Liviu Rebreanu :: Danse Macabre

In editing

Danse Macabre

by Liviu REBREANU

Translated from Romanian by Gabi REIGH


Written in the interwar period and published in 1927 under the name Ciuleandra, this psychological thriller captured the imagination of Romanian readers. The book opens with a shock as Puiu, an aristocrat, murders his wife after returning from a ball at the palace. To avoid a public trial and prison sentence, his father instead arranges to have him committed to a mental asylum.

Discussions with his psychiatrist reveal the madness and passion of Puiu through the imagery of the wild Ciuleandra dance of the countryside, where he met his future wife. Unfortunately for Puiu, though, his psychiatrist also knew and loved her first…

It is also a story of obsessive love and paints an interesting picture of the lives of the Romanian aristocracy at the beginning of the 20th century. The work echoes the world depicted by Russian writers such as Dostoevsky and Gogol, as moments of high drama and emotional intensity are punctuated with ironic descriptions of the corrupt boyar class.


Details

  • Pages: pending
  • Trim size: 5″ x 8″ (127mm x 203mm)
  • ISBN
    Softcover: 978-4-908793-49-3
    Ebook: 978-4-908793-50-9
  • List Price
    Softcover: Pending
    Ebook: pending
  • Cover: pending
  • Download sellsheet (PDF)

In editing

  • Scheduled for publication in mid-2020

About the author
Liviu Rebreanu (1885–1944) was a member of a group of writers responding to the changes in Romanian society after the First World War. His 1932 novel The Uprising documents the peasant uprising of 1907, highlighting the class divisions in Romanian society and inspiring sympathy for the rural poor. Danse Macabre remains a popular novel in Romania, and the film adaptation was longlisted for the Best Foreign Film Award at the Oscars in 1985.


About the translator
Gabi Reigh was born in Romania and moved to the UK in her teens. She has won the Stephen Spender prize for poetry in translation and is currently engaged in a translation project called ‘Interbellum Series’ focusing on works from the Romanian interwar period. The first titles in this series were Poems of Light by Lucian Blaga and three works by Mihail Sebastian: The Town with Acacia Trees, Women and The Star with No Name.

The Sorrow of Miles Franklin beneath Kajmakcalan :: Ivan Capovski

In editing

The Sorrow of Miles Franklin beneath Kajmakčalan

by Ivan ČAPOVSKI

Translated from Macedonian by Paul FILEV


Miles Franklin, renowned Australian author and namesake of Australia’s most prestigious literary award, served as a nurse in the Ostrovo Unit of the Scottish Women’s Hospitals, situated near Lake Ostrovo and Kajmakčalan Mountain in Aegean Macedonia during the latter part of the First World War (1917–18). Her determination to aid others guides her through the horrors of the war, encountering the field hospital staff including AG Pollard, a painter from Dublin with whom she shares a tent, and a young Macedonian girl named Lina Sorovičeva, whose life and world have been devastated by the war.

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The Narcissism of Death :: Svetozar Savic

In editing

The Narcissism of Death

by Svetozar SAVIĆ

Translated from Montenegrin by Vuk TOSIĆ


Arrested for the suspicious death of his mother, “Bernard Novak” explains himself, in court and in prison:

Spending the night by chance in a seedy hotel near a quiet cemetery, he hears the laughter and moans of a couple having sex in a nearby room. Unexpectedly excited by the event, he watches as they leave… and falls in love with the beautiful woman, who he immediately names M (for Midnight).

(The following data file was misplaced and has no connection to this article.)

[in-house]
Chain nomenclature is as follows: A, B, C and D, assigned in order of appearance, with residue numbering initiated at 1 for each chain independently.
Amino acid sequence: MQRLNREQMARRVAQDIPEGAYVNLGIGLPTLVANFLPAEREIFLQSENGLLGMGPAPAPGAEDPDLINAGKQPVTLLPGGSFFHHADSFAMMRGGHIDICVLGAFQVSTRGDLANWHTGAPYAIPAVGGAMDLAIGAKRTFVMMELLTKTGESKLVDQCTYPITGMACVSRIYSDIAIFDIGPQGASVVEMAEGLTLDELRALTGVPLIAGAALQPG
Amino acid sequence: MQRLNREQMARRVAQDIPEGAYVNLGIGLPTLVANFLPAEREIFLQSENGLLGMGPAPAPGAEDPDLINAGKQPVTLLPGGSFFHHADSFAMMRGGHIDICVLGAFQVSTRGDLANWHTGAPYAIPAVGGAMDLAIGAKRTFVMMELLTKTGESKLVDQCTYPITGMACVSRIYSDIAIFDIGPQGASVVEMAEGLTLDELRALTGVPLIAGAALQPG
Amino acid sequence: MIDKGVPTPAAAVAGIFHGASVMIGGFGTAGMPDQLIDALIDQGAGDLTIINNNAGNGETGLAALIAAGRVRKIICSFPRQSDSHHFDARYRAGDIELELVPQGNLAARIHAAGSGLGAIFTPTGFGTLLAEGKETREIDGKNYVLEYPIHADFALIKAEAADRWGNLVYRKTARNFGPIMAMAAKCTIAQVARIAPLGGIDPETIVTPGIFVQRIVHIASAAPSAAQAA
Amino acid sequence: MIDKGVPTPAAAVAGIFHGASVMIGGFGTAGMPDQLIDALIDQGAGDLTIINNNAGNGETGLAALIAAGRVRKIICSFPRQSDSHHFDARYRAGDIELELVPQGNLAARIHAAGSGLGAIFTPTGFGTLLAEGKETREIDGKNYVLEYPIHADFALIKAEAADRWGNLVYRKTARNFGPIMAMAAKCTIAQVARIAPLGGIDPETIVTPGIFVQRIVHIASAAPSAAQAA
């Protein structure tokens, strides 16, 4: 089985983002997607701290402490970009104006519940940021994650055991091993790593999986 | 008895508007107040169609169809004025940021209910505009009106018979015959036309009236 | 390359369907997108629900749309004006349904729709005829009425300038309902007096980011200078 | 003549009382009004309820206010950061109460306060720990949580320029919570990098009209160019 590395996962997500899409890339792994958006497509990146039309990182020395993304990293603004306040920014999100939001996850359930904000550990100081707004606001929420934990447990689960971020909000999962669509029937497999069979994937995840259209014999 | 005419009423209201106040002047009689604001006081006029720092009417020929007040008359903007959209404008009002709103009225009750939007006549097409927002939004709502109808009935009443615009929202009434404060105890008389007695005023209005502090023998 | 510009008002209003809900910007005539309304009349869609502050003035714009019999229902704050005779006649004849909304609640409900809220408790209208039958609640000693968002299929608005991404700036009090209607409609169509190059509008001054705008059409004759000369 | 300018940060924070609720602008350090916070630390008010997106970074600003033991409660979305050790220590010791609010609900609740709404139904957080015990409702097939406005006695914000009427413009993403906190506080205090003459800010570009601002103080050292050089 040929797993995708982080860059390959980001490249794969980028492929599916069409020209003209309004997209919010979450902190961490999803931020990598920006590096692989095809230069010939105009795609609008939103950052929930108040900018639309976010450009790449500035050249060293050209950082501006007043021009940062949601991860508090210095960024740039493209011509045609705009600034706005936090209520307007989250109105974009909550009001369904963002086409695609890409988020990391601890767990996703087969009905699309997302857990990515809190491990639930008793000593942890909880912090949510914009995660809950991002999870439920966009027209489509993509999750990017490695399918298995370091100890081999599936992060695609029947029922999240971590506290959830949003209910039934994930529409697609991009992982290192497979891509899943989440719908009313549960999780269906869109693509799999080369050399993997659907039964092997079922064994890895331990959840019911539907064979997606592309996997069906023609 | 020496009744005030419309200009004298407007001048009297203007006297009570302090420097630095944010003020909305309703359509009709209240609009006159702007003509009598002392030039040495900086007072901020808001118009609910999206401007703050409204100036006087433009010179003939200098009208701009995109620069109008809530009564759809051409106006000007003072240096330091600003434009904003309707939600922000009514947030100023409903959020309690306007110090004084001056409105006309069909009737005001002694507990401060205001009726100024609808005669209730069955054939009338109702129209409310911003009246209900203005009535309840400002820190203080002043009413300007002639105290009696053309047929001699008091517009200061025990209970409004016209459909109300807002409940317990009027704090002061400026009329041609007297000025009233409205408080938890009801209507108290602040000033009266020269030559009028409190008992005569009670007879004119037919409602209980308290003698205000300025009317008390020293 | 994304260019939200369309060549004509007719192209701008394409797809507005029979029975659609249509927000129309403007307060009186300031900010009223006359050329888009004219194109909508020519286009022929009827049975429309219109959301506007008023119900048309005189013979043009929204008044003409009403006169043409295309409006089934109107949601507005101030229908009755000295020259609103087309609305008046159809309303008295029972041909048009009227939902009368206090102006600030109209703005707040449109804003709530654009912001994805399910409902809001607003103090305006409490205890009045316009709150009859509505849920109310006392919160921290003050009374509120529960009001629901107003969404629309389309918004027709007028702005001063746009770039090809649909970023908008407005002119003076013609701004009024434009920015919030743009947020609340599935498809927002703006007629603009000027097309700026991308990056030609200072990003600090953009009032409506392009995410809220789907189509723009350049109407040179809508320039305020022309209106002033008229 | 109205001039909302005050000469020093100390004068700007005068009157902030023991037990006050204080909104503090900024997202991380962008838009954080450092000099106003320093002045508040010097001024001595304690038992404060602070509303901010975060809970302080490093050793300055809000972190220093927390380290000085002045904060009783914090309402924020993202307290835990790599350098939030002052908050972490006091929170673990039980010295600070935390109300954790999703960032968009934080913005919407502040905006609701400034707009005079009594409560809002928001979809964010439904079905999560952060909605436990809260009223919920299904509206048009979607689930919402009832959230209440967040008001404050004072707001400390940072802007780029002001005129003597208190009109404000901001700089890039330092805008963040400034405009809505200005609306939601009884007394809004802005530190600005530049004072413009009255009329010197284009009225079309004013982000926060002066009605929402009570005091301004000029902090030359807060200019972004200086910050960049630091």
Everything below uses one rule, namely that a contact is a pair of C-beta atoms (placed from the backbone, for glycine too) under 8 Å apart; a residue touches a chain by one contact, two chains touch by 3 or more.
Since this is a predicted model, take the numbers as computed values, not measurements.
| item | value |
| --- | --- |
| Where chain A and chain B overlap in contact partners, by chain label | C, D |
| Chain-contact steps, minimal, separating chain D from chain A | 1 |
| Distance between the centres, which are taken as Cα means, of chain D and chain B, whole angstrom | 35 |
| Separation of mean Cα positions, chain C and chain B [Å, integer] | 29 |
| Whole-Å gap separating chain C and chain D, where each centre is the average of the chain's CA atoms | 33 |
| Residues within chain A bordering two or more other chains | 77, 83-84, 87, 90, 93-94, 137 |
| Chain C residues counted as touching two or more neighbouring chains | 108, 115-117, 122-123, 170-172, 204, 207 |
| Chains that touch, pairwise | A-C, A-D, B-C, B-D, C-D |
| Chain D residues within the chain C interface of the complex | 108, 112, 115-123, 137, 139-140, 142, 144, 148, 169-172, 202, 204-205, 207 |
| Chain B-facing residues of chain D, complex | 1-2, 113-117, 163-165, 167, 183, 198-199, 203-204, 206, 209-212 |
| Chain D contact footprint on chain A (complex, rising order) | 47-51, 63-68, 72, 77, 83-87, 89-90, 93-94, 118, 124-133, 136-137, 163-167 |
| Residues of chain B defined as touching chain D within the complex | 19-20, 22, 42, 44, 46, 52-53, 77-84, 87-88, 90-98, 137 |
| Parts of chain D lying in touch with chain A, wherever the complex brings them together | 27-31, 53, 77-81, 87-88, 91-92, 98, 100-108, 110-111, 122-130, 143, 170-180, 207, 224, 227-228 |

He recalls that he has seen the man before: Joko, a minor functionary in the government.

But why her? And why apparently in secret at an unknown hotel?
Obsessed with her, he tries to uncover her secrets. He arranges to “bump into her” at the dime store where she works, and she introduces herself, amazingly, as M! He continues unobtrusively stalking her, expanding their interaction until finally she writes her Skype handle on a newspaper he buys. The long talk begins, stretched over weeks of careful online conversation, gradually winning her trust at a distance, only to have his hopes shattered by his old, sick mother, who constantly claims new illnesses to worry herself and him about.

Their budding relationship shrivels and in despair he reaches out to M once again, in truth. And M comes to his home for dinner…


Details

  • Pages: pending
  • Trim size: 5″ x 8″ (127mm x 203mm)
  • ISBN
    Softcover: 978-4-908793-43-1
    Ebook: 978-4-908793-48-6
  • List Price
    Softcover: pending
    Ebook: pending
  • Cover: Pending
  • Download sellsheet (PDF)

In editing

  • Scheduled for publication in summer 2020

About the author
Svetozar Savić: I was born and lived briefly in Nikšić, Montenegro, in a pink apartment on Serdar Šćepana Street. A significant portion of my inspiration can be traced back to there, although I spent part of my youth in Novi Sad and Belgrade, Serbia, where I received a degree in biotechnology. I finally settled down in Bar and Podgorica, Montenegro. The South is for me; I’m a Mediterranean in both body and soul—the ambivalence of heat and storm.
I believe that I can make a contribution to literature. I grew up with it and it doesn’t mind poverty. The Grape-Stomping Vat was my first novel, containing short stories in the form of a novel, shaped by Vin de liqueur in the Square of Arms in Kotor, thematically cyclic, with a symbolical title The Chronicles of a Grape-Stomping Vat. The Sculptor, my second novel, is about sculpting one’s own life and those of others. It was nominated as the Montenegrin candidate for the Meša Selimović Award in Bosnia and Herzegovina.